Joint response from the International Collaboration for Essential Surgery (ICES), Alliance for Surgery and Anesthesia Presence (ASAP), and Comprehensive Community-Based Rehabilitation in Tanzania (CCBRT)
We applaud the recommendation of the High Level Panel (HLP) to “eradicate extreme poverty in the context of sustainable development.” We agree that no one should be left behind and that if we ever hope to attain true progress as a human race, we need to focus on the most vulnerable, disadvantaged, and marginalized segment of society. We would like to echo the statement that “the new agenda must tackle the causes of poverty, exclusion and inequality” (p.7) and emphasize the importance of ensuring “access to and availability of adequate health care as an issue of basic social justice.” Moreover, we support the statement that “many people living in poverty have not had a fair chance in life because they are victims of illness or poor healthcare…”
Every year, more than 100 million people are affected by injuries, up to 3 million women live with severely debilitating obstetric fistulas, 5 million children suffer from congenital conditions such as cleft lip/palate and clubfoot, and 20 million suffer from cataracts. Yet stark inequality in accessing basic surgical services is a reality. Only 3.5% of all surgical procedures worldwide are performed in the poorest third of the world, with 75% of of procedures performed in the richest third. 2 billion people worldwide lack access to the most basic surgical care and health systems in low resource countries do not have adequate resources to meet the great need.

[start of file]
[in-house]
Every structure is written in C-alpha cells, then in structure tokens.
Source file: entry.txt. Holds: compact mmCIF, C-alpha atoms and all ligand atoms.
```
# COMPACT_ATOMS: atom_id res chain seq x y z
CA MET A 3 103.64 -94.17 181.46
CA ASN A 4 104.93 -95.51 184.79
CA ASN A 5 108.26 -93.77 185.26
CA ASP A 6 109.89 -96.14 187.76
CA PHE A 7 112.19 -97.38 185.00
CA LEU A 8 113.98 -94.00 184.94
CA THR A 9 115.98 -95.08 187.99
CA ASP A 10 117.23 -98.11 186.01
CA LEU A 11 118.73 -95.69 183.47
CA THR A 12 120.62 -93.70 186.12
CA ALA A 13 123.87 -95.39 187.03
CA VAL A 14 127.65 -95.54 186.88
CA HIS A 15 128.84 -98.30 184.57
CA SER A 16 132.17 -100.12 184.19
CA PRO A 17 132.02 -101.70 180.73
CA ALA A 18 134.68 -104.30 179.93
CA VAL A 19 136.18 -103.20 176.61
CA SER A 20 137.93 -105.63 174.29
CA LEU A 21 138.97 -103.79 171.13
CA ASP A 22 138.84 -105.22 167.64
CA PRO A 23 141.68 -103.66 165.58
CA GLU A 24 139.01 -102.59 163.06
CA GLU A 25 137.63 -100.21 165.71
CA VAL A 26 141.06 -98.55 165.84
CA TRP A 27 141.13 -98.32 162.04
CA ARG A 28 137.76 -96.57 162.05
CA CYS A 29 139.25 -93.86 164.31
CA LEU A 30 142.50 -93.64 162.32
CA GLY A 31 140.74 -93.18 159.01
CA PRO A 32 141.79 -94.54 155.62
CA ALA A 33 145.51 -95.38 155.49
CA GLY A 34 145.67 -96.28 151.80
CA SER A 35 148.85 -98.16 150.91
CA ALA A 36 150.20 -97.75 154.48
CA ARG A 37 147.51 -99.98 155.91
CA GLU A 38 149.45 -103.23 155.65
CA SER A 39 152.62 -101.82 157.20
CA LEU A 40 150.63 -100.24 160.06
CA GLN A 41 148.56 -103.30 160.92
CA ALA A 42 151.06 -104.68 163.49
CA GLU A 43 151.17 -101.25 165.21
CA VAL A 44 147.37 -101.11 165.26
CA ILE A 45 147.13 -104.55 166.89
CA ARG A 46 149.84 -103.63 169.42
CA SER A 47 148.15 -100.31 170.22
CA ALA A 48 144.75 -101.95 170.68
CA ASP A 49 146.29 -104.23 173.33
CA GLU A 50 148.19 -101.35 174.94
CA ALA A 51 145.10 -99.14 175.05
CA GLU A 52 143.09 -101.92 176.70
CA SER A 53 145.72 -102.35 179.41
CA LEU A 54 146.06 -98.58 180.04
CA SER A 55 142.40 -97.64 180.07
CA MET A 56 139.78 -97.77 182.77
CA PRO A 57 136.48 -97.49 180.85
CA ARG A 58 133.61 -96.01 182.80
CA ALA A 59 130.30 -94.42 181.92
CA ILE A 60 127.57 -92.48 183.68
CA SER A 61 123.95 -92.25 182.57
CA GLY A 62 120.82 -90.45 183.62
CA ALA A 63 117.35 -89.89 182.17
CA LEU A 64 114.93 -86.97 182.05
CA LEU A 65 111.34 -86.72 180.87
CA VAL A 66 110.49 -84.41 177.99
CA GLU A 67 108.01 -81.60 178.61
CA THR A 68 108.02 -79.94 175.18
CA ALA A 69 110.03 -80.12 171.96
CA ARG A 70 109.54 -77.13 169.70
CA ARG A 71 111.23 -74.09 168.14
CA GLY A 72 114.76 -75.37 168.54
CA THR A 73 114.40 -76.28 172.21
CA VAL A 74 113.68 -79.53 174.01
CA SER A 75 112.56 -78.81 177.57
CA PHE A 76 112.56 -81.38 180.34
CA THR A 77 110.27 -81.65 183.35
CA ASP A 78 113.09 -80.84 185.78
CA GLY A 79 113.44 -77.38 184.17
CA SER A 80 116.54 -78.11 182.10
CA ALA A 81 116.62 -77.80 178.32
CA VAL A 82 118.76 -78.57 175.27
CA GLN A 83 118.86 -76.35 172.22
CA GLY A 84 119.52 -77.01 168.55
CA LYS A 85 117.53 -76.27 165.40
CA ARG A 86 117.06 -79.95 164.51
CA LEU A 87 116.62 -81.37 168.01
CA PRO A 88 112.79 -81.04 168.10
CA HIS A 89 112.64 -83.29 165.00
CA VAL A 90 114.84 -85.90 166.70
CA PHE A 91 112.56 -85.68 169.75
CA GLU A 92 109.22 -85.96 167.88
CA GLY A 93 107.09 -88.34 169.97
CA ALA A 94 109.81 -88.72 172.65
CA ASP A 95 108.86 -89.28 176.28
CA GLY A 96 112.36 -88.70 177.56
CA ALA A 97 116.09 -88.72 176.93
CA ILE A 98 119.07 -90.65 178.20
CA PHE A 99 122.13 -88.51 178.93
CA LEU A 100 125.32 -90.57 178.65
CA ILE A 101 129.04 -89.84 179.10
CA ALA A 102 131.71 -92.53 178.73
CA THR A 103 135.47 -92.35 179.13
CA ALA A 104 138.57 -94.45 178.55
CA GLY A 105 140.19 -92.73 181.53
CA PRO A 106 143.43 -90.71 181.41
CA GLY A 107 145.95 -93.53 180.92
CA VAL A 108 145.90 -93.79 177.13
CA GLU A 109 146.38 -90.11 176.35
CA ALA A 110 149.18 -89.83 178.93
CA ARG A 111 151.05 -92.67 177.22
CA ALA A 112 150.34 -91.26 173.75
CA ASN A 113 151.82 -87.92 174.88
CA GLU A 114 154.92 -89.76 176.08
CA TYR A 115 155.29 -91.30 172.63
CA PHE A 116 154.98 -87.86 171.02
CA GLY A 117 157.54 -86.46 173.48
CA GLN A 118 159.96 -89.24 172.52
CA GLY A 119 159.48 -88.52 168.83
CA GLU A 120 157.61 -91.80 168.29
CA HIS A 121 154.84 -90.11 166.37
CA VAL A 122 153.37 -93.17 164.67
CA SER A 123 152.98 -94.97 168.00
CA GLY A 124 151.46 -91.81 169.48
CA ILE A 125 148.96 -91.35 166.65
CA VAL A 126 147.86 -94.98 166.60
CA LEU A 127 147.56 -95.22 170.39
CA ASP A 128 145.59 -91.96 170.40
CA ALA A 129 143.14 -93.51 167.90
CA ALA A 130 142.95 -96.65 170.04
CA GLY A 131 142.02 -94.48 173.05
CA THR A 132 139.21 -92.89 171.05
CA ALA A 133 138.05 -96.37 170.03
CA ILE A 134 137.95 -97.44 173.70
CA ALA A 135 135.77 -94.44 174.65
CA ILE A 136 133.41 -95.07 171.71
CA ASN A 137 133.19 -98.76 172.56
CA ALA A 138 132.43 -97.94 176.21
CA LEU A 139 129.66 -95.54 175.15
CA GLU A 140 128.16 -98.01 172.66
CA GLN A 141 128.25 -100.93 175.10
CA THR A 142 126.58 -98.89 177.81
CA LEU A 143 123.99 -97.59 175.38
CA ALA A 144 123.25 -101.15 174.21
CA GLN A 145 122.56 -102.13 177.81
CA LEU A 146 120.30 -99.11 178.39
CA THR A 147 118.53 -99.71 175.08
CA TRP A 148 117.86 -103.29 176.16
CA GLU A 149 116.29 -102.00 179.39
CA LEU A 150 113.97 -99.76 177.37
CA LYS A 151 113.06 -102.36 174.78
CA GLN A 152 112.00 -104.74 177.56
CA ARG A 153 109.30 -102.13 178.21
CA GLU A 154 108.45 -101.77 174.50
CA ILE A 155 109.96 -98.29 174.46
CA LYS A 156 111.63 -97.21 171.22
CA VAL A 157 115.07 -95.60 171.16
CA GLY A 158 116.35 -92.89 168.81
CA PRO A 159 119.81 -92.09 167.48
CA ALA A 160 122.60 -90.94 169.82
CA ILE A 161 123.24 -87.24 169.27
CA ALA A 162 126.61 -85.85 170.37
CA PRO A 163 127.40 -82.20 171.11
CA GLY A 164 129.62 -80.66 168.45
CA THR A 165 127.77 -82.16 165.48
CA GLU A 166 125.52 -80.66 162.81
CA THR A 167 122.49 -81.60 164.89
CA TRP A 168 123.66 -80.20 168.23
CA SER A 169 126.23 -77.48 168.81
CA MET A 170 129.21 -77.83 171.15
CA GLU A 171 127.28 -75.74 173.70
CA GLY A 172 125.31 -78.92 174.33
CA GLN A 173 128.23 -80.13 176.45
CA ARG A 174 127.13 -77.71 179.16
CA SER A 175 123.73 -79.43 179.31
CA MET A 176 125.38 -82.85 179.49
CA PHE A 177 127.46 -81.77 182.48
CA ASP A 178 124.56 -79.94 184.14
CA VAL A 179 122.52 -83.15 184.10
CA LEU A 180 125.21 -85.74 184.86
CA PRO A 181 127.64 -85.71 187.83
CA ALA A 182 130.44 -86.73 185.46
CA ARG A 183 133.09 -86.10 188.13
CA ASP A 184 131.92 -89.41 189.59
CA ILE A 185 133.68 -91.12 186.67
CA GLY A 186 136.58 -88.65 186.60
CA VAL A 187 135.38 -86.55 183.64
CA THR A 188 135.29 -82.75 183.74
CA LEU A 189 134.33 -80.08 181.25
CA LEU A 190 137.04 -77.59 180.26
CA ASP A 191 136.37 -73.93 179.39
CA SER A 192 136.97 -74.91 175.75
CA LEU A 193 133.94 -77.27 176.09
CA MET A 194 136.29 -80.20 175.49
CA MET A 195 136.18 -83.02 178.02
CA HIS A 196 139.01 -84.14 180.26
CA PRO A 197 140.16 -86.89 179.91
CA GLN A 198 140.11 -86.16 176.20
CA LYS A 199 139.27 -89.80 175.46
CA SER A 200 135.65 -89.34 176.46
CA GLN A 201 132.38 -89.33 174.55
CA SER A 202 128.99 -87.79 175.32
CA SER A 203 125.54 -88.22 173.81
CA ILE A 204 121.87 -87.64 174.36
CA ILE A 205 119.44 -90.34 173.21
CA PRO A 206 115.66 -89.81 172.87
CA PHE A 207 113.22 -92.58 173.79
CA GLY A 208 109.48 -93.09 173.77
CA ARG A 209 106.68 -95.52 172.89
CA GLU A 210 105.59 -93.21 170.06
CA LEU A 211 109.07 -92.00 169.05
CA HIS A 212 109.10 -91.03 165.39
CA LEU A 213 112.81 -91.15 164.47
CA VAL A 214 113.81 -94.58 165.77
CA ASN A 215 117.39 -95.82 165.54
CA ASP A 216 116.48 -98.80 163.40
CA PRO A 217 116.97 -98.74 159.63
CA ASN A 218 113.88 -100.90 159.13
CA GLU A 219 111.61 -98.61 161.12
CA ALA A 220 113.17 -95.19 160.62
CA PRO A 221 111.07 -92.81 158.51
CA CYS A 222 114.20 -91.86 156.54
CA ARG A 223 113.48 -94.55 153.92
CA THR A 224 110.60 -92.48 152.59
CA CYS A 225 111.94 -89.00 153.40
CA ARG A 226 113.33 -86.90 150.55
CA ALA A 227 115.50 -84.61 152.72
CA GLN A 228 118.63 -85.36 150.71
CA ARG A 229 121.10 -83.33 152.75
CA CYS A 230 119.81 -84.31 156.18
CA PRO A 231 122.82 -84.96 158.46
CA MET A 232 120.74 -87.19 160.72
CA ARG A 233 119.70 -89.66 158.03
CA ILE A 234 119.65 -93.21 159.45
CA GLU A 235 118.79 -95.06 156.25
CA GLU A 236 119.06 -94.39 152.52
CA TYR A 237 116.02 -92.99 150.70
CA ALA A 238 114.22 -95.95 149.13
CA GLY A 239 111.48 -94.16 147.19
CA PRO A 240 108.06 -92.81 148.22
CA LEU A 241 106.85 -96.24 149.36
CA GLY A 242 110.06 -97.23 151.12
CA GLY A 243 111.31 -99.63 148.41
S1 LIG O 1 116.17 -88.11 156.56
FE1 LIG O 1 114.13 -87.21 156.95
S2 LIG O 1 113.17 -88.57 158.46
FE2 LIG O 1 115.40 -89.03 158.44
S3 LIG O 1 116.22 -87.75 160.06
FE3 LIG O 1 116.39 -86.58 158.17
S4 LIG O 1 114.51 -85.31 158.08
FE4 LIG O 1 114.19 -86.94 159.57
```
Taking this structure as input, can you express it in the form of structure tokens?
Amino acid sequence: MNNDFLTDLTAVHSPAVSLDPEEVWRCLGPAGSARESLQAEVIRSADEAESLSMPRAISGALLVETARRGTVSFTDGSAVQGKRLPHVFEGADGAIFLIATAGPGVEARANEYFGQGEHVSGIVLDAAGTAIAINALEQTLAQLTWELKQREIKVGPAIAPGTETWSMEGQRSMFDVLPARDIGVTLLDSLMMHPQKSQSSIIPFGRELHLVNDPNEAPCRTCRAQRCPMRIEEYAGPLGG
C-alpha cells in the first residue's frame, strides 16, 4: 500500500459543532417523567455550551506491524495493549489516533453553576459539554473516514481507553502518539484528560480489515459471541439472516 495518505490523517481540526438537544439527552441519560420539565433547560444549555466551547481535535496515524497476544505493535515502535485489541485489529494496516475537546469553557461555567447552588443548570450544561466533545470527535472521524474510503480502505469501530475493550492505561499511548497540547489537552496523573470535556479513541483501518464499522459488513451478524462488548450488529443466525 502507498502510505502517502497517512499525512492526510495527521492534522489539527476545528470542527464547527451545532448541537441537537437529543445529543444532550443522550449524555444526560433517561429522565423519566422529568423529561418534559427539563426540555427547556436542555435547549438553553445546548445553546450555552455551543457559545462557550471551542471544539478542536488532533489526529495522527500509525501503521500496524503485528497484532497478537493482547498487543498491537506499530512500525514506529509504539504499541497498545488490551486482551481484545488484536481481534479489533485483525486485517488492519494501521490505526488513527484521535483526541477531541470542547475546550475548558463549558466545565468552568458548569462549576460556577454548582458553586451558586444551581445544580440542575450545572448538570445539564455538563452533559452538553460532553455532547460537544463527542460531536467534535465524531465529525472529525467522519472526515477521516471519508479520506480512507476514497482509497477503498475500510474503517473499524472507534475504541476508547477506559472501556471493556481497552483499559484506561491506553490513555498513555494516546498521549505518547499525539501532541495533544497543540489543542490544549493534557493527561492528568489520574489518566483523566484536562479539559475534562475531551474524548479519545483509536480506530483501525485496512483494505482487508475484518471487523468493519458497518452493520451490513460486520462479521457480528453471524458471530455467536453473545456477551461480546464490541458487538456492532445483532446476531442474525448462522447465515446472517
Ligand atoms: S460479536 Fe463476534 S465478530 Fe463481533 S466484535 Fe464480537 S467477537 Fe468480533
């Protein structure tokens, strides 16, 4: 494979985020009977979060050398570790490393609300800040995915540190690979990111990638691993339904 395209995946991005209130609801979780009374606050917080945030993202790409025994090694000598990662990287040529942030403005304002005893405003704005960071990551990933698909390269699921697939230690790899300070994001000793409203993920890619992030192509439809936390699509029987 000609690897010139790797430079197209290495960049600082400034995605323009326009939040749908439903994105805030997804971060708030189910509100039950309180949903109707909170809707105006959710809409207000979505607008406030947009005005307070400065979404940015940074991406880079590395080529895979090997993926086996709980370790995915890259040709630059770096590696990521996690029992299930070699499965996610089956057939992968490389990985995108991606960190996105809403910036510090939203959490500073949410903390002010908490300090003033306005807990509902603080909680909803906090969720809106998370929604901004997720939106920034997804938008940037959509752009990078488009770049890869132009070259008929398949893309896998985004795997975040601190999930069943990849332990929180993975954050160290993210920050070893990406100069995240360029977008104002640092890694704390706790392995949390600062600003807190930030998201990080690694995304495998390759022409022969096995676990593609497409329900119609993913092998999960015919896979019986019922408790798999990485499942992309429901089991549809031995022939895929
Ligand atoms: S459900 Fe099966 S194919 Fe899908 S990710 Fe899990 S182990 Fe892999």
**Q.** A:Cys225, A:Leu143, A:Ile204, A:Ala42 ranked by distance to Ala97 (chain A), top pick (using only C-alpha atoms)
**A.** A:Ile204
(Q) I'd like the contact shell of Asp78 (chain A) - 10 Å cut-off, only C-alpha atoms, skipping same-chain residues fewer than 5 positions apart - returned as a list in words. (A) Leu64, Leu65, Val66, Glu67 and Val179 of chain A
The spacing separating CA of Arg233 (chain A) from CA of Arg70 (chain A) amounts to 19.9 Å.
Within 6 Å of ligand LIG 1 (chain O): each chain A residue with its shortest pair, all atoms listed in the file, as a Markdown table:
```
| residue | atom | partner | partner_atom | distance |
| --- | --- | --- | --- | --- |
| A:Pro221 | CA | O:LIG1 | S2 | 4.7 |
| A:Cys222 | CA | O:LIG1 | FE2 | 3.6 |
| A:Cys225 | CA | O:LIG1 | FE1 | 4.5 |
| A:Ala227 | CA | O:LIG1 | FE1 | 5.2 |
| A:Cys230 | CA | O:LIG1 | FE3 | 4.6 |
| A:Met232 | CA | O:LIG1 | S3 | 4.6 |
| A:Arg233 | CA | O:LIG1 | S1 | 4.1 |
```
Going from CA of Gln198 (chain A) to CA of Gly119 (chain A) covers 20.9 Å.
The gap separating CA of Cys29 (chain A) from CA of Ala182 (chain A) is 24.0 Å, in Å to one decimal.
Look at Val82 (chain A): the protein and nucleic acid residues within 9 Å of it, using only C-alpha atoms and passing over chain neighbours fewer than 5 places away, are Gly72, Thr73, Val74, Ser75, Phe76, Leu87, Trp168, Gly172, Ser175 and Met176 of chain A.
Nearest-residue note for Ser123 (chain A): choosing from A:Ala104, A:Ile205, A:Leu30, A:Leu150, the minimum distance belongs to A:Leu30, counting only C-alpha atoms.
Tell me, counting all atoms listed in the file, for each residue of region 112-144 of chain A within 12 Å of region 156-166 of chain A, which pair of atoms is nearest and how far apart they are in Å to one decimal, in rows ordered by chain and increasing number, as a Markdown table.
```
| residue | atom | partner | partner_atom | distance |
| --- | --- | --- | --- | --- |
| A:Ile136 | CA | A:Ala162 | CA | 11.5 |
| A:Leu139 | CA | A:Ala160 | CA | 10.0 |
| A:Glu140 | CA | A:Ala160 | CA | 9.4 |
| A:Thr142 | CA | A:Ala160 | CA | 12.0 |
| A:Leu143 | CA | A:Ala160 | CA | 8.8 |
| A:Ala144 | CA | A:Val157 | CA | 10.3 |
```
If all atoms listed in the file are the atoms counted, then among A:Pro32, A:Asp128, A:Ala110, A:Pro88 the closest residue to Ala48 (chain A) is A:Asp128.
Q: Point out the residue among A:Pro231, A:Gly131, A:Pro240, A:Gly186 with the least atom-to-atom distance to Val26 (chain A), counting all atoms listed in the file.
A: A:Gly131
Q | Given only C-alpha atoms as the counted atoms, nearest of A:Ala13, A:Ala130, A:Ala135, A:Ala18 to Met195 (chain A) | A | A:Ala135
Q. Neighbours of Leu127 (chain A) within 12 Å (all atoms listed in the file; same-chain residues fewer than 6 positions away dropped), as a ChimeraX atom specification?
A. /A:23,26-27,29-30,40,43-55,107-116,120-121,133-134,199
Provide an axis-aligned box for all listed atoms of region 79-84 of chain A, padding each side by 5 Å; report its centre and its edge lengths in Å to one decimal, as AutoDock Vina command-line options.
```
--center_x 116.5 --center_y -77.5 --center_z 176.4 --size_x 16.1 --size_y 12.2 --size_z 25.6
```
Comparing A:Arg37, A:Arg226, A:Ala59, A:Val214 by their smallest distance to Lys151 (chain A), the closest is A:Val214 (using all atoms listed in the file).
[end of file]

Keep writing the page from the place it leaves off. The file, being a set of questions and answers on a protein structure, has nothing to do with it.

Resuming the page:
There is a clear link between disability and poverty. In recognizing this, we should implement goals and frameworks which prevent severe disability, such as improving the quality and safety of healthcare, ensuring access to timely essential surgical care such as cesarean section for obstructed labour, emergency care for victims of trauma and injury, and essential surgical care for vulnerable children born with congenital defects.
We agree wholeheartedly that a paradigm shift is imperative. This needs to reach the neediest and most vulnerable populations, starting with developing strategies to strengthen and expand health services to ‘reach those not adequately covered by existing programmes.’ (p.8) In this regard, we support the second transformative shift, namely putting sustainable development at the core, but we would wish to emphasize that investments in strengthening health systems should be a priority.
We also support the idea that local authorities “form a vital bridge between national governments, communities and citizens and will have a critical role in a new global partnership” especially in setting and executing priorities and engaging with local communities. Local authorities should be empowered to deliver essential health services to local and rural populations. There is a need to improve and strengthen the capacity of hospitals at district level to provide essential medical and surgical care, with a focus on prevention of death as well as severe disabilities and consequences of delayed presentation.
Lastly, we commend the emphasis on improved data collection for monitoring and evaluation. This exercise serves to measure the burden of disease, helps to set targets for improvements, and builds the case for the need to expand services. Improved data collection tools for surveillance and monitoring of service delivery, particularly in the provision of essential surgical care, will serve to guide policies and quality improvement initiatives.
No one left behind?
Although we accept the emphasis on eradicating extreme poverty and building sustainable development, the report fails to address some vital issues.